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America Online hosts its annual content partners conference this week amid growing questions about how the company will handle revenue sharing deals under its restructuring.

AOL in October announced a new flat-rate pricing scheme that went into effect Dec. 1. Most users will pay $19.95 per month for unlimited access to AOL content and services. Previously, AOL charged hourly fees.


Now, content providers, some worried about decreased revenue from the new flat-rate plan, are renegotiating their contracts. AOL will pay flat monthly fees for larger providers such as The New York Times rather than its current commission-type fee based on traffic to a content provider's AOL area.

"Just about every partner at AOL has a really different content deal," said one executive in a venture with AOL. "But every partner has usage fees as a part of their revenue plans. AOL says this [revenue stream] isn't going away under the new price structure, but [for us] it sure is getting smaller."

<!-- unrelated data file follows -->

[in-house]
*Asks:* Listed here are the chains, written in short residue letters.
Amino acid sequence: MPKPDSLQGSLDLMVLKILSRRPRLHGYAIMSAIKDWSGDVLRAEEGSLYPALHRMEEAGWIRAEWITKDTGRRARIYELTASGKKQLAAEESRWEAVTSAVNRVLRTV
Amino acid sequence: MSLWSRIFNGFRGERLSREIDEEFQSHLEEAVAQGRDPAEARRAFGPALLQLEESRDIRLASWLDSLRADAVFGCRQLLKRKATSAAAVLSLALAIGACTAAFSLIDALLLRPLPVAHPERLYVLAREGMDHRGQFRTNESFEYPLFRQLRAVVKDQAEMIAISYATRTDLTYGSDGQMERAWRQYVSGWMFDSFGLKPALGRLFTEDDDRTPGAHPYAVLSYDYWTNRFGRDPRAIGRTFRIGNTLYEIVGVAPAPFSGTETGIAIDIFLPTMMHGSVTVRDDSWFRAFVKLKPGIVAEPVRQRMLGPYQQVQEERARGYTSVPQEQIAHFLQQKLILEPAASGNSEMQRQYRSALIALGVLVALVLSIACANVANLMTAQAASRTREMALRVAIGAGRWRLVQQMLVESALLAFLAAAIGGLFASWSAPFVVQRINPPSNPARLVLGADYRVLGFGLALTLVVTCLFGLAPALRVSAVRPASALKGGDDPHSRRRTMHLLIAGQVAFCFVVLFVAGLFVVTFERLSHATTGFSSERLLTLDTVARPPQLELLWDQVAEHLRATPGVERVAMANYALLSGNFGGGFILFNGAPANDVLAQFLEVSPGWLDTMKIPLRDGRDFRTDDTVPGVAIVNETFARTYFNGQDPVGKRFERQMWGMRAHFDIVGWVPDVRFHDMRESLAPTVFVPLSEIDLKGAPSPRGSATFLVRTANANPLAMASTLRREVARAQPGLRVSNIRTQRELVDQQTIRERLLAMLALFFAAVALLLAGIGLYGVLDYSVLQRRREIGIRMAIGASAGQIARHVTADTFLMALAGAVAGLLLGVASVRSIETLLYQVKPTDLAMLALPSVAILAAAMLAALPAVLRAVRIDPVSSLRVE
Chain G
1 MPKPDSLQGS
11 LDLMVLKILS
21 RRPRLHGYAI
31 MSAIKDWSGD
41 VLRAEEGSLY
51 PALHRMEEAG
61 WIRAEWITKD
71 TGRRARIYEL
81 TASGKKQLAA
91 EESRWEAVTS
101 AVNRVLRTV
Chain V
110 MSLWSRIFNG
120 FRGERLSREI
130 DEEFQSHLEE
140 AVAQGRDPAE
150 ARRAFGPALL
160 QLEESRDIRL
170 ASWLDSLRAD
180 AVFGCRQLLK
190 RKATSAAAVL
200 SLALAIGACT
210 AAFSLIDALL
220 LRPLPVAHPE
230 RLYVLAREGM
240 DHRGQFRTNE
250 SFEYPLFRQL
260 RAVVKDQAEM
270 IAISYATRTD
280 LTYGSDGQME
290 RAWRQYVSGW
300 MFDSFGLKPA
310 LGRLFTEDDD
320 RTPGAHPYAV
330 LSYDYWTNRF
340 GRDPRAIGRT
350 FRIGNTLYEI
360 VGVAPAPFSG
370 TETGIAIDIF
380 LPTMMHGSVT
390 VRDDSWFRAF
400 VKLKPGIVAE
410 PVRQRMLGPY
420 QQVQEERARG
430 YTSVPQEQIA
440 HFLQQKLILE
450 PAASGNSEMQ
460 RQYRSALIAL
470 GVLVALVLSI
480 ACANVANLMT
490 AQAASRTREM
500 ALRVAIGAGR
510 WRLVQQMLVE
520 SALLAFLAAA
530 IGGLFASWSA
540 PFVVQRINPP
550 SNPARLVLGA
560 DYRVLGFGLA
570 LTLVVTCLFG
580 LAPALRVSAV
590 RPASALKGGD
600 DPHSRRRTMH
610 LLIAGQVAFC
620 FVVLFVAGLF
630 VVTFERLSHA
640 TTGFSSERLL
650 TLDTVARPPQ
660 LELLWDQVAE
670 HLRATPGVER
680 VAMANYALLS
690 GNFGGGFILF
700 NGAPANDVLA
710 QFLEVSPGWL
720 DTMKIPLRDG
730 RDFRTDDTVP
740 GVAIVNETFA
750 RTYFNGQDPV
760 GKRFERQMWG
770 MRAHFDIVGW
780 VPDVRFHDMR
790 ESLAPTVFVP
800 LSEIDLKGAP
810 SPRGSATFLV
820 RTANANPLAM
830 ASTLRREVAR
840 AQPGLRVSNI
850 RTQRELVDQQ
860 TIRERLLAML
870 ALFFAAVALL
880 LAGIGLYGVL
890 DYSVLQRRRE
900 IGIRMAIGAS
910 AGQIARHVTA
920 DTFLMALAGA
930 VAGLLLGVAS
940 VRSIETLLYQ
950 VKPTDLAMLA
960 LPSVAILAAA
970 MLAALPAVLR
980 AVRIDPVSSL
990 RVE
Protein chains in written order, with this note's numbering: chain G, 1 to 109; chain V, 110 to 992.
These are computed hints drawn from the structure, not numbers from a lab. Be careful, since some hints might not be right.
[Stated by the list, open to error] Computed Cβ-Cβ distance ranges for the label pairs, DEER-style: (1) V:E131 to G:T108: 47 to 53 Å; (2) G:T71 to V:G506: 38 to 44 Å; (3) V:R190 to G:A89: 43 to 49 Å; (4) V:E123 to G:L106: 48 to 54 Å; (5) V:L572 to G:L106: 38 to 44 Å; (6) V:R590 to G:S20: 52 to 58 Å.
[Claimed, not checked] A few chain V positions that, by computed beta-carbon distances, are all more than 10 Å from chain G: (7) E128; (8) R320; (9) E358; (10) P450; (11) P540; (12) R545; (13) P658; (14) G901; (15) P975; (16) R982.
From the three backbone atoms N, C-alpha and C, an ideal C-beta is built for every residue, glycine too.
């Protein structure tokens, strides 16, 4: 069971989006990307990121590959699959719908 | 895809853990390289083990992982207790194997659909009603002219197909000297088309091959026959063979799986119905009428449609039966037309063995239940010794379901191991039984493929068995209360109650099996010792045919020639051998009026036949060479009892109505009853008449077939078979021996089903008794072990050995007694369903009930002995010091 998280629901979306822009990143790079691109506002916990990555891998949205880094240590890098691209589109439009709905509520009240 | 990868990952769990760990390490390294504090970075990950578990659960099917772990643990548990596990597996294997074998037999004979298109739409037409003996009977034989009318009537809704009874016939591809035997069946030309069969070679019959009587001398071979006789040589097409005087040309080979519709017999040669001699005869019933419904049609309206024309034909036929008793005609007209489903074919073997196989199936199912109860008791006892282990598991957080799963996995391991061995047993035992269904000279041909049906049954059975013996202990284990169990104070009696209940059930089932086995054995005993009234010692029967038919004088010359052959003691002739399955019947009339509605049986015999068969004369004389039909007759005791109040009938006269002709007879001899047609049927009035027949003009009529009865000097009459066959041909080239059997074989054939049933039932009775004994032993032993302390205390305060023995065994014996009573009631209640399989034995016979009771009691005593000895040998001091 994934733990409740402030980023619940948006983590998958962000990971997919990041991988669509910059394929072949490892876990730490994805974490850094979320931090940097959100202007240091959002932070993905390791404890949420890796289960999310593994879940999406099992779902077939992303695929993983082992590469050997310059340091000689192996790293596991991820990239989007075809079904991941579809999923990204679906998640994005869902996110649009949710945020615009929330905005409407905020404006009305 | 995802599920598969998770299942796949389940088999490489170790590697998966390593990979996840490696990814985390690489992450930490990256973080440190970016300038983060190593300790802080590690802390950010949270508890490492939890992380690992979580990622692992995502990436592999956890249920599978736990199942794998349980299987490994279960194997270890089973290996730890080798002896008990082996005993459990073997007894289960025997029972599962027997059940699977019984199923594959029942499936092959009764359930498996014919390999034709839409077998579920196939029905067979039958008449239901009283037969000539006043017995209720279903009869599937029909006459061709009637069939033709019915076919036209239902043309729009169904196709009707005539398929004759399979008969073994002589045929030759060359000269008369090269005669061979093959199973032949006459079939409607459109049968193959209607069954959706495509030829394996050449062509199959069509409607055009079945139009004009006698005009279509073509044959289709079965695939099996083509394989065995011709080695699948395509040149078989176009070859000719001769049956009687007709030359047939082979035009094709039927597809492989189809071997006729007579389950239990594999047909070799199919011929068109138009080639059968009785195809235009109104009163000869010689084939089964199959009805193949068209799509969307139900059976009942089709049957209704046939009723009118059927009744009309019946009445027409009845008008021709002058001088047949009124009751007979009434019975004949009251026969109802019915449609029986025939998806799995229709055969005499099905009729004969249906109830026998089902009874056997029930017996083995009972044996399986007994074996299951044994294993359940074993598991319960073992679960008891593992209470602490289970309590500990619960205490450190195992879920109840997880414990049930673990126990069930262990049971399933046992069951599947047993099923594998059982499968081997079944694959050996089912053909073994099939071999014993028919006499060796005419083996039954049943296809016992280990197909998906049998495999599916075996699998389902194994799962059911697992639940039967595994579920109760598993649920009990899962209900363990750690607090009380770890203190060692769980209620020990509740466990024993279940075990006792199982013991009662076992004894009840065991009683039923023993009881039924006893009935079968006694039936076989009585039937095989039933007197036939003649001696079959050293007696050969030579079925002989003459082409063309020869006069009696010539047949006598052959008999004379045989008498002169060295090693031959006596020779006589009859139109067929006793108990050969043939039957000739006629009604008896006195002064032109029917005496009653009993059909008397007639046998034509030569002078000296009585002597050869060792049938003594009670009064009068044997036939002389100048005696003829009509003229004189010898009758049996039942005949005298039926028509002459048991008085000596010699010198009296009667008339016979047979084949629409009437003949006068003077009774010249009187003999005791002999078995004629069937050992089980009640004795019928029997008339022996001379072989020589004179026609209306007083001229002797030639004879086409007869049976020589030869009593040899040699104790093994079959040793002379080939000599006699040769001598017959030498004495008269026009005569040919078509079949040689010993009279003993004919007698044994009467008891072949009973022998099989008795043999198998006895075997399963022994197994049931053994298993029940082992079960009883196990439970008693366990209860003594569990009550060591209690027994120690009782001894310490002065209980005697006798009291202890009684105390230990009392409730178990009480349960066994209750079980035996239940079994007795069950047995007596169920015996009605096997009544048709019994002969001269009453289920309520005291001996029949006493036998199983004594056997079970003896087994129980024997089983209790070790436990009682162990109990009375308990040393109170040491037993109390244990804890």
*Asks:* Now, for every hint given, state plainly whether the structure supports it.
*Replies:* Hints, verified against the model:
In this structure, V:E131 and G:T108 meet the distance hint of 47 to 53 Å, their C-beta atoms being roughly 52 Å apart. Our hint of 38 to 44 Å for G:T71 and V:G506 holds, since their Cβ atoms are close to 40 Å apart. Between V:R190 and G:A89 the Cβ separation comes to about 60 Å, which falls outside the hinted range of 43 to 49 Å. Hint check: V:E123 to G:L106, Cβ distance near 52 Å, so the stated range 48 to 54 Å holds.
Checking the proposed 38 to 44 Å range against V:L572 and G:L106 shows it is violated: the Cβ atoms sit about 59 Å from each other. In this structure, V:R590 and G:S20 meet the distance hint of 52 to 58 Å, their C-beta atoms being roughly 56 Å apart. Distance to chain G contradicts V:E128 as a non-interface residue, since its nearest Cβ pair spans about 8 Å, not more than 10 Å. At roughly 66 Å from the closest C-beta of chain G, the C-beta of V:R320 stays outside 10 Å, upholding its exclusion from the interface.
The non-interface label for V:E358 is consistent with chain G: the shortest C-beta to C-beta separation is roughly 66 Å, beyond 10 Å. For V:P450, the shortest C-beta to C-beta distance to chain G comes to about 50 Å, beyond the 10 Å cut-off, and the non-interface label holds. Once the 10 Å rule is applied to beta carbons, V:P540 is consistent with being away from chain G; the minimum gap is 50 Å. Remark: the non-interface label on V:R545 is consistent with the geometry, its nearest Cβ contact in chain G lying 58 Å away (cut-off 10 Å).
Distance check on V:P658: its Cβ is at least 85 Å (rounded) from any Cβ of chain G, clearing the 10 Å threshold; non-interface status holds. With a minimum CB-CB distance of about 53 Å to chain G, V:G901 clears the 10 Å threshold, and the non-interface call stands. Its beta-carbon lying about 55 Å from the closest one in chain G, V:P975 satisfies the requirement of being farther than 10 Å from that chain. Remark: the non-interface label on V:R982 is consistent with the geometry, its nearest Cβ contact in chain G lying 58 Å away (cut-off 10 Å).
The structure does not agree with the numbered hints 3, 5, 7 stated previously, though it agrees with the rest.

AOL pays most content providers about 10% to 20% of hourly usage fees, but some partners claim to have deals worth as much as 30% to 40% of usage fees.


Danny Krifcher, VP-original programming of the Greenhouse division of AOL Studios, said that the younger brands working with AOL are less vulnerable to the impact of a change in usage fees.

"The changes in pricing impact Greenhouse less," he said. "You shouldn't assume usage fees will go down."

As for rumors of a Greenhouse spinoff, Mr. Krifcher said, "I wouldn't rule out anything in the future, but those aren't our plans right now."

"The big question is whether or not AOL will help the partners who need help, or if they'll say `figure it out."' said Rob Fassino, director of marketing at New York-based Element Studios, which produces the Knot on AOL.

Contributing: Debra Aho Williamson.

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